Figuring that only hundreds of screeching chicks could make the kind of racket that had kept my son and me up all night, my first guess was that we'd unknowingly camped next to a wood stork rookery.
"Hoarse croak, mostly silent'' my Peterson Guide to Eastern Birds said about the call of the wood stork. Nope — silent it definitely wasn't.
On to the next page and a picture of limpkin, which did, in fact, look quite a bit like the plump, mottled bird settling peacefully (now that dawn had arrived) in the branch of a cypress tree across the river from my picnic table.
"Voice: A piercing, repeated wail, kree-ow, kra-ow, etc., etc., especially at night.''
I hate to start the story of the second leg of our trip down the Withlacoochee River with the worst part, but this was the only episode that was even remotely dramatic, which I don't mean as a complaint. Just the opposite. It was a great change from the previous month's ill-planned fiasco of a journey near the river's source in the Green Swamp.
First and most importantly, we brought life jackets this time — plus a tent, sleeping bags and foam pads, all bundled in watertight plastic in case we capsized. Our food was in a cooler with a latch to keep the raccoons out.
We even had a map, a printout from the state Department of Environmental Protection's Web site of designated paddling trails ( www.dep.state.fl.us/gwt/guide/paddle.htm), though I did overlook the accompanying description of the road leading to our launch site east of Lacoochee in Pasco County: "extremely bumpy'' and nearly impassible without a four-wheel-drive vehicle.
We didn't have one, which meant a quarter-mile portage to the river — where our pace picked up immediately.
The river is not at flood stage, not even close. But it is higher than normal for this time of year, higher, in fact, than it's been since late 2005, with V-shaped riffles forming when the water flows between trees and the discharge of its many springs bulging up into the channel.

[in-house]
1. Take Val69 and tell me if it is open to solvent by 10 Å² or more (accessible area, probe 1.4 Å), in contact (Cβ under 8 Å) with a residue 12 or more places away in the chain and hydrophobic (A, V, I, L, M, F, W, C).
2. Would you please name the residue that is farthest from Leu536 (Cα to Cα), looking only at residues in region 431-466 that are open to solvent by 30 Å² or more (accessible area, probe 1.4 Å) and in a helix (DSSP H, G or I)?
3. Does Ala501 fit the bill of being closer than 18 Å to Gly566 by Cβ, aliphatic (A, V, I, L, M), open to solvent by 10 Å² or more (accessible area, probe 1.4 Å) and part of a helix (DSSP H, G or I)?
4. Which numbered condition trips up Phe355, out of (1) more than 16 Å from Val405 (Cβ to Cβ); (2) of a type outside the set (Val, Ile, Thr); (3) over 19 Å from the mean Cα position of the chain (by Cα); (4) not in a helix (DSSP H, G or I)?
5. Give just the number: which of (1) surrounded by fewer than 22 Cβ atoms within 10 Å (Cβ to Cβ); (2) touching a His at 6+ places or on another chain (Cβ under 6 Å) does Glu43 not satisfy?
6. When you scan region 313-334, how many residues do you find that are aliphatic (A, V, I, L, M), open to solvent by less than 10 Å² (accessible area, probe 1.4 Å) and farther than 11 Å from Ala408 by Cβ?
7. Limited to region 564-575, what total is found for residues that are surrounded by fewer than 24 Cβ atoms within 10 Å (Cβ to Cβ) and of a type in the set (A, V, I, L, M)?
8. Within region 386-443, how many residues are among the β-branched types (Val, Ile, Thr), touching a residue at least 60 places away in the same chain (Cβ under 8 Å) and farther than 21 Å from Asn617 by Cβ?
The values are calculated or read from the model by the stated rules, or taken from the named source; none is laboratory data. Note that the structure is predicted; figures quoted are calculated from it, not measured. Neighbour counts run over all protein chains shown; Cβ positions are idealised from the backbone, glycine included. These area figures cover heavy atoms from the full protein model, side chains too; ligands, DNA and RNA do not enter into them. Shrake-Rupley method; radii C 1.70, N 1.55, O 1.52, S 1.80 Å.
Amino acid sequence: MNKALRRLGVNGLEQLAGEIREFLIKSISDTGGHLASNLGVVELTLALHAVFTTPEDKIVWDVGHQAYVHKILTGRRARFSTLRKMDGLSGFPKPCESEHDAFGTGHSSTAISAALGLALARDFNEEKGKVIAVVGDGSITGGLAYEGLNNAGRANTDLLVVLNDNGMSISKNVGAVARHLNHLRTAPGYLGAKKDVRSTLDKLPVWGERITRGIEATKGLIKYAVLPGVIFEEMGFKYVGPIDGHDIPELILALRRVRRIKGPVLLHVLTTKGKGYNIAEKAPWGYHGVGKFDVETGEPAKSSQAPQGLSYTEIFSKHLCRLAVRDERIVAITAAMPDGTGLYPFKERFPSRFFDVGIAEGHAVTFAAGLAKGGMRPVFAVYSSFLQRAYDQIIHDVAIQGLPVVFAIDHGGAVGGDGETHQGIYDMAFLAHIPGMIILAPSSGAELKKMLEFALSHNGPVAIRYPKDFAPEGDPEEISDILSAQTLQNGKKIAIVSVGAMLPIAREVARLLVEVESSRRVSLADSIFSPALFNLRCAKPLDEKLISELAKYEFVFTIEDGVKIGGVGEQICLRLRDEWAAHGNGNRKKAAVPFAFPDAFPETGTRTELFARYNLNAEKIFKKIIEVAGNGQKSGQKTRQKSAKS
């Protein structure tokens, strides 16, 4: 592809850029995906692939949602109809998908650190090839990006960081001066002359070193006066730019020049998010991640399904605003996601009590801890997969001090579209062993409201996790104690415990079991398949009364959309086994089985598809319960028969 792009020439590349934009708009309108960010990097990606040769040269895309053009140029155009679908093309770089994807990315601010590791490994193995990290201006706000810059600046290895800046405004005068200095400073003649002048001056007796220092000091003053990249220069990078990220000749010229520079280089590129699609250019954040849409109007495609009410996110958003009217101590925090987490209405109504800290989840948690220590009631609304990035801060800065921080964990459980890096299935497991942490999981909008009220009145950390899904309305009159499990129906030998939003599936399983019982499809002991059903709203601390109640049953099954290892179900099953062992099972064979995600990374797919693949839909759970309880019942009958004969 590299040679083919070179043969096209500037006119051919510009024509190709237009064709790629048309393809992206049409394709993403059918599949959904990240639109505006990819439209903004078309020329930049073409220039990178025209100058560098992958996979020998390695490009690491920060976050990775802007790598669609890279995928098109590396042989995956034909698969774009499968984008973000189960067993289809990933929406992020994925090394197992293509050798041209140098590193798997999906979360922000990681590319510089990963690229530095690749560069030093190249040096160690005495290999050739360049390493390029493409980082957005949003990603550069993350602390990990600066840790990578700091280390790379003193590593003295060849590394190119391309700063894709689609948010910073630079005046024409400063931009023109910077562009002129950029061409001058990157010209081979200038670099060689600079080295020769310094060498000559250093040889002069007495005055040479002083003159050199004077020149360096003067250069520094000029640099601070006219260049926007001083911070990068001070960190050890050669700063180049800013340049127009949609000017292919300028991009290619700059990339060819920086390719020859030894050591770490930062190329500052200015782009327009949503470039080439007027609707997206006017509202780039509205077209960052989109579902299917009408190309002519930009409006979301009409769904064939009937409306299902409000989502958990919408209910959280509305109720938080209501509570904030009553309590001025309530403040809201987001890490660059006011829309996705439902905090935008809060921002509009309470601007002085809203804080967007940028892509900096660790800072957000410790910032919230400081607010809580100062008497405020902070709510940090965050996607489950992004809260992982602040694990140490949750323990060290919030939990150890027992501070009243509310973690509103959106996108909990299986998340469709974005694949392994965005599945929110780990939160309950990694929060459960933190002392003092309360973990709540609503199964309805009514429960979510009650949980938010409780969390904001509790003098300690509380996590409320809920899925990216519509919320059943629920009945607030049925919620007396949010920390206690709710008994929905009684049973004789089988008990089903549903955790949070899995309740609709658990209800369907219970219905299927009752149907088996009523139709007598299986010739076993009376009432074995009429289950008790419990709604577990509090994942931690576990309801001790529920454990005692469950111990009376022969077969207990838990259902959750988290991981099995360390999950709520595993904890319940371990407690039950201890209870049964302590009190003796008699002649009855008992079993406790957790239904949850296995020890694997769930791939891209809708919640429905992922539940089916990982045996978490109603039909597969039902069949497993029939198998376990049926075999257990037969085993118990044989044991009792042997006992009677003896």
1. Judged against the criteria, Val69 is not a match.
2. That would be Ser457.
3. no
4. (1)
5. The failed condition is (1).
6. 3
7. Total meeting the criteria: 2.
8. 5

At the risk of sounding like a propagandist for local tourist development councils, let me say that despite my lack of recent paddling trips, I do know something about rivers. I worked for two years as a deckhand on the Ohio and Mississippi. I spent every summer in my teens canoeing in Canada. I've even paddled the Noatak River north of the Arctic Circle in Alaska.
And though my memories may be growing fuzzy, I swear that none of these rivers were any prettier than this stretch of the Withlacoochee between Lacoochee and Floral City, in southern Citrus County.
Actually, what I have to say may not be much help to the tourist industry, because the only way to replicate our trip would be to wait a year until the absolute height of spring and luck into two similarly brilliant, sunny days — Tuesday and Wednesday of last week — at the end of an unusually rainy winter.
On the first day, there was one populated section of the river — through Lacoochee, Trilby and Ridge Manor — bookended by two wild ones, in the Richloam and Croom tracts of the Withlacoochee State Forest.
In the wild ones, the water spread out past the lines of bank-side cypresses and far into the low-lying woods of oaks and sweet gums.
Looking up, we saw blue sky and branches weighed down with new green leaves and needles. The view ahead was of dark water — not dirty, but tinted by tannin the color of tea. Or raspberry tea, to be exact, because I also noticed a slight reddish tint.
"Populated'' is probably too strong a word to describe the scattered mobile homes and houses along the banks, some frightening looking, with Confederate battle flags and signs warning of mean dogs and defiant gun owners, but others with neat stacks of firewood, lawns that sloped down to the river and azaleas and wisteria in full bloom.
We stopped twice, to jump off a platform nailed to the limb of a live oak that arched over the river, and for lunch in a weedy ghost town of picnic tables at an abandoned rest area at the U.S. 98 bridge.
Though the Southwest Florida Water Management District has used the translation of the river's name — "big little river'' in Creek — to explain its widely fluctuating levels and especially its periodic disappearances during recent droughts, this really refers to the way that narrow channels connect a series of lakes.
This was the defining pattern of our second day on the river, which would end at the pleasantly isolated and well-named Trail's End Camp, northeast of Floral City. But we hit the first of the wide spots, Silver Lake, toward the end of the first day.
We watched swallow-tailed kites swoop over the water, and for a while were committed to camping there. But once we took in the buzz of traffic on the nearby Interstate 75 bridge and the airboat roaring around the lake, which left me wondering why anybody would think of trying to appreciate the outdoors on a machine that requires protective ear covering, we decided to move on.
Another hour of paddling and we were at one of the several campgrounds on the river operated by the state Division of Forestry (352-754-6896) — Hog Island — where we found clean showers, running water and, until the limpkins really got going about 2 a.m., just about total peace and quiet.
What could have made this good trip better?
Earplugs and some sort of pillow, because a stuff sack crammed with old clothes doesn't work for me now that I'm 50, as well as fireside, riverside beverages to enhance the relaxed feeling you get after 22 miles of paddling.
I have in mind caffeine-free tea for the boy and a beer for me. Not as crucial as life jacket, maybe, but close.